Hospitals can expect renewed efforts from the Centers for Medicare & Medicaid Services (CMS) to cut readmissions; the hospitals with the highest rates can lose up to 3 percent of reimbursements, effective October 2012.
Under pressure to increase care and save money, Medicare soon will release a final rule aimed at cutting hospital readmissions, which make up $26 billion in one decade, according to a Kaiser Health News and Washington Post article on Saturday.
"The incentives we're putting into place have created a whole new way to think about hospital care," said Jonathan Blum, deputy administrator of the federal CMS, in the article.
Health experts, however, point out that there is a big difference between avoidable and unavoidable readmissions of patients. Some inner-city hospitals that deal with sicker patients may be unfairly penalized.
How many hospitals will be affected by the new Medicare rule? Almost 7 percent of acute care hospitals experience higher-than-average readmission rates for heart failure, heart attack, or pneumonia, according to the article.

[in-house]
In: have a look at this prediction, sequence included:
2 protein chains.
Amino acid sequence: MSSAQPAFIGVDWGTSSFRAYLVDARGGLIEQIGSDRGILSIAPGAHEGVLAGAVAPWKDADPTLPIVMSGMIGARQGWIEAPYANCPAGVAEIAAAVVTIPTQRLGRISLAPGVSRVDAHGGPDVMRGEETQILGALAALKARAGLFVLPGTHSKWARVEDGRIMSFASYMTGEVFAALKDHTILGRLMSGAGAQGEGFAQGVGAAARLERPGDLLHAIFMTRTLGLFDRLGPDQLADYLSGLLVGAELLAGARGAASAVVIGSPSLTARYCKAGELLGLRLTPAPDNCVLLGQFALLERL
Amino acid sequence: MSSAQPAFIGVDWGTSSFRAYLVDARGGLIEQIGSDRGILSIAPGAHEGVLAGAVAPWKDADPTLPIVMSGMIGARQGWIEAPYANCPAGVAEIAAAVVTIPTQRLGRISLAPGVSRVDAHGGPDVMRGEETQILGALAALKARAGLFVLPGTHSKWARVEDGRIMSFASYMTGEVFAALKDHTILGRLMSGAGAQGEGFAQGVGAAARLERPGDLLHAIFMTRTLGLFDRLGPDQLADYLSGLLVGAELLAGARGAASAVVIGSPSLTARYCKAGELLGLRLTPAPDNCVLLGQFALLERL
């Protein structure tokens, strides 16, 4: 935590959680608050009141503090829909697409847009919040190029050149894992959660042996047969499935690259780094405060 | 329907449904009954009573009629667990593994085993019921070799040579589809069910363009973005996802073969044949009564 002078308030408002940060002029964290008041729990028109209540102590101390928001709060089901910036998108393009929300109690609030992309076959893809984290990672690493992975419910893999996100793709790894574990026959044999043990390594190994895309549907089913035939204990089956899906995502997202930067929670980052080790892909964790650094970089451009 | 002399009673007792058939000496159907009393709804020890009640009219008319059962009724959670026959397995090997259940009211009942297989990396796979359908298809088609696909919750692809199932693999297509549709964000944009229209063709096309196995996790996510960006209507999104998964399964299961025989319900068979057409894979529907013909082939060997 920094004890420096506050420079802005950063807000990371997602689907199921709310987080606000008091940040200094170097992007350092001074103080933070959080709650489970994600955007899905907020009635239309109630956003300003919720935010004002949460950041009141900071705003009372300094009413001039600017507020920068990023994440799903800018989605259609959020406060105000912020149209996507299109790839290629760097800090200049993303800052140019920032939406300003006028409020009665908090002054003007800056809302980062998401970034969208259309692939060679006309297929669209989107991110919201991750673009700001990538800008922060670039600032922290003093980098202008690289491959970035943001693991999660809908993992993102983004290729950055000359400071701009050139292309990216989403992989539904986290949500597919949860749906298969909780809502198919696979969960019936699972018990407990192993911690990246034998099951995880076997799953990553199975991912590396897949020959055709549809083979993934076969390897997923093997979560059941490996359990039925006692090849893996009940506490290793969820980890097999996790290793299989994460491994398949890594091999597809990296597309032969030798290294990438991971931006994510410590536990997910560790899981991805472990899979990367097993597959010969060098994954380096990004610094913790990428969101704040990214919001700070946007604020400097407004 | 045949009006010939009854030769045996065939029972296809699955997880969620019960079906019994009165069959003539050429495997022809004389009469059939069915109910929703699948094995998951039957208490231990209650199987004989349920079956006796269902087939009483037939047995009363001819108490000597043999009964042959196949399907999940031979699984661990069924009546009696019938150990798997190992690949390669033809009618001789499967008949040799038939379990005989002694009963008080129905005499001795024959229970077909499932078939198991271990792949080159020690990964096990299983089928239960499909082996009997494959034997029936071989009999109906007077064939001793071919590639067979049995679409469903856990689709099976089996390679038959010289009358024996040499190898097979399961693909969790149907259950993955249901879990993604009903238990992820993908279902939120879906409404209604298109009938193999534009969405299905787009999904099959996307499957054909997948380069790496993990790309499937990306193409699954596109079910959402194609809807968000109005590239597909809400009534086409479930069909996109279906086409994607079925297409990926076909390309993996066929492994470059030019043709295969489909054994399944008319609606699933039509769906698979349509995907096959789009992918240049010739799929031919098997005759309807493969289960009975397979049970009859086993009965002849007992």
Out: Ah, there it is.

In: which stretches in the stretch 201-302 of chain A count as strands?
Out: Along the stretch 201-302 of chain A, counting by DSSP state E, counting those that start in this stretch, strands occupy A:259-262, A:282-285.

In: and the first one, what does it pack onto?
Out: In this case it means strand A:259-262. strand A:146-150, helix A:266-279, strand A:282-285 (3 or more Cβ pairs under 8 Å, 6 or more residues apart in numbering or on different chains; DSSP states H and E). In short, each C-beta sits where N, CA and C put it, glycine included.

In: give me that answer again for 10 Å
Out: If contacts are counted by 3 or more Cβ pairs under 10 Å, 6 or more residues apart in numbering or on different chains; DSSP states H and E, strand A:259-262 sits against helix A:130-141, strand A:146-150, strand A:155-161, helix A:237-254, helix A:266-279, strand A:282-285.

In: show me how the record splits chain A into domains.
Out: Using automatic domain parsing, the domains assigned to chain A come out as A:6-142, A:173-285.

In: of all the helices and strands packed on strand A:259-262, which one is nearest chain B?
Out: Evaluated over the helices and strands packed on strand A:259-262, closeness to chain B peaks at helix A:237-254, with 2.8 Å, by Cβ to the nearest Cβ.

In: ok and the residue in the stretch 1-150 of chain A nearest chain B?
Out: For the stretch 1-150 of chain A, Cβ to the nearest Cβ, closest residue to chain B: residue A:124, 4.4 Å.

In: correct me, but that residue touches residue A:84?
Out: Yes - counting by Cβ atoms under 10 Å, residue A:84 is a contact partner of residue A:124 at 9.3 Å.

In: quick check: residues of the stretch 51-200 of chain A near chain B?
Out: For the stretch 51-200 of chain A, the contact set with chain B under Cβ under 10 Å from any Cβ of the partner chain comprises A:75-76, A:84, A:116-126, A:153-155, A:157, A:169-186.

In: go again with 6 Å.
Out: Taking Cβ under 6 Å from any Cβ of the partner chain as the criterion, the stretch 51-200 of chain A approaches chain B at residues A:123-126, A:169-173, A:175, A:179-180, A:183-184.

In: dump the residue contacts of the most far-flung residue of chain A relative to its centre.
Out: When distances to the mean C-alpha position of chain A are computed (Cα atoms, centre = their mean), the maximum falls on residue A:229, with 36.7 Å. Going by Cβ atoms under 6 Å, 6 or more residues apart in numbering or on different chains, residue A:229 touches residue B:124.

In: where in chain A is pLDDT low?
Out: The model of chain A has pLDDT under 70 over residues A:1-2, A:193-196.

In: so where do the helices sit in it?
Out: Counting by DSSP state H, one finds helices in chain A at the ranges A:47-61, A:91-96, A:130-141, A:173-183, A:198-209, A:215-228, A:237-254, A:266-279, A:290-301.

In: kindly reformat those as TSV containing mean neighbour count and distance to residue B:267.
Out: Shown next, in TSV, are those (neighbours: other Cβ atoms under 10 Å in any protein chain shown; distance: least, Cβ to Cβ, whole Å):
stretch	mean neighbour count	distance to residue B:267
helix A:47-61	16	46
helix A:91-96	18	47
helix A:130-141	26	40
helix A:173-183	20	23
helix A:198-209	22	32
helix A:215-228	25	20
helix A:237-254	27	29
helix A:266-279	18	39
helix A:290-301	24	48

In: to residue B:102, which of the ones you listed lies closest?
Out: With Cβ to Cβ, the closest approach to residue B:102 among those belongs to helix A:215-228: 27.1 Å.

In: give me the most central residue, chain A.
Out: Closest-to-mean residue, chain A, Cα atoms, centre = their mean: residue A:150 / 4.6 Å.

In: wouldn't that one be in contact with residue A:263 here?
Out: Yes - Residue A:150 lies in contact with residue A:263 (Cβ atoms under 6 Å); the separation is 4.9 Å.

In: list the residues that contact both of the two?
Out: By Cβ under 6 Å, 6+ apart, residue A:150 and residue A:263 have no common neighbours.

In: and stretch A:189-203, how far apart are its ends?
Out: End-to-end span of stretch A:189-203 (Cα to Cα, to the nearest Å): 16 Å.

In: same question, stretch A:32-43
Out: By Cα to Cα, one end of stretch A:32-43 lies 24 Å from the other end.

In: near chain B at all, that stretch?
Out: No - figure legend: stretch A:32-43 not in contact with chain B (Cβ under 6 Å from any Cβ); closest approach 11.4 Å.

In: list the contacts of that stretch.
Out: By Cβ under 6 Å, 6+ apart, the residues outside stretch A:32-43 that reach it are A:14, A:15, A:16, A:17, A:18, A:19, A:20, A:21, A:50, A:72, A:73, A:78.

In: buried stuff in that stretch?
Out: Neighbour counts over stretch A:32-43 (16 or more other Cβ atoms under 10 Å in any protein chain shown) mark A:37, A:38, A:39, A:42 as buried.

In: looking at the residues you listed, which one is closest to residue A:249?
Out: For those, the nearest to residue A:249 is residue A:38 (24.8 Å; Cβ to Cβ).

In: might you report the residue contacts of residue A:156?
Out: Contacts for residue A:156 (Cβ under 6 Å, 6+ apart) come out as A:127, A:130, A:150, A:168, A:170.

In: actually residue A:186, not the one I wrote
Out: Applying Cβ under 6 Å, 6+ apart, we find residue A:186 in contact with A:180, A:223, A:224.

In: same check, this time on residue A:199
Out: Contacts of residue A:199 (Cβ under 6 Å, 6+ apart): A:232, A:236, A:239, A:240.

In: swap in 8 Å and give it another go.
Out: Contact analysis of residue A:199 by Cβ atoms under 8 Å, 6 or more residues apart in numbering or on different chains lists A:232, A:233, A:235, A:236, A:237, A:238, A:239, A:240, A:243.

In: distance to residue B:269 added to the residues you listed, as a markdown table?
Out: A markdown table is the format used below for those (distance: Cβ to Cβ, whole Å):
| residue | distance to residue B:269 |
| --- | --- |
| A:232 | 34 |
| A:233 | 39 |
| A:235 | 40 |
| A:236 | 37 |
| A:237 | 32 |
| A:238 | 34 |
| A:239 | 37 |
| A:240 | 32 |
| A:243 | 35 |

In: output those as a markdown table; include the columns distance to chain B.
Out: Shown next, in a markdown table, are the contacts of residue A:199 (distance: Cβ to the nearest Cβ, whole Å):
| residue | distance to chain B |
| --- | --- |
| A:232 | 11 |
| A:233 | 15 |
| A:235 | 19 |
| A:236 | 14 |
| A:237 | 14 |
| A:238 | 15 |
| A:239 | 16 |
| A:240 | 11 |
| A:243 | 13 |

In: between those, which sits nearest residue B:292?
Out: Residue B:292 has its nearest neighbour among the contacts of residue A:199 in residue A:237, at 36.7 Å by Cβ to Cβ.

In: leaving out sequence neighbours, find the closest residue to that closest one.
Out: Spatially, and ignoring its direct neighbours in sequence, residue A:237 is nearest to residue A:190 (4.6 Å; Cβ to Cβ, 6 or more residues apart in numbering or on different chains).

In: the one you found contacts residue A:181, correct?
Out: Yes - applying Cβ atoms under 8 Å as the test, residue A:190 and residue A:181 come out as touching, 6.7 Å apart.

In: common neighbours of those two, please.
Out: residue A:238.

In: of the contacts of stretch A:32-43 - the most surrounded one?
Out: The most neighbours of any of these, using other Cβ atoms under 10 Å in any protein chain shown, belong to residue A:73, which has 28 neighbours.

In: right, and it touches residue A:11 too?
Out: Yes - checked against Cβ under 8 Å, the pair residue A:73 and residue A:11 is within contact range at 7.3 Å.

With readmission rates affecting the bottom line, hospitals will feel the financial consequences to take action. Many hospitals already are experimenting with transitional care programs that help manage the patient's care from the hospital to their home. The Medicare reimbursement change could have lasting effects on care coordination with hospitals thinking about patients on an outpatient basis, rather than solely inpatient.
For more information:
read the Kaiser-Washington Post article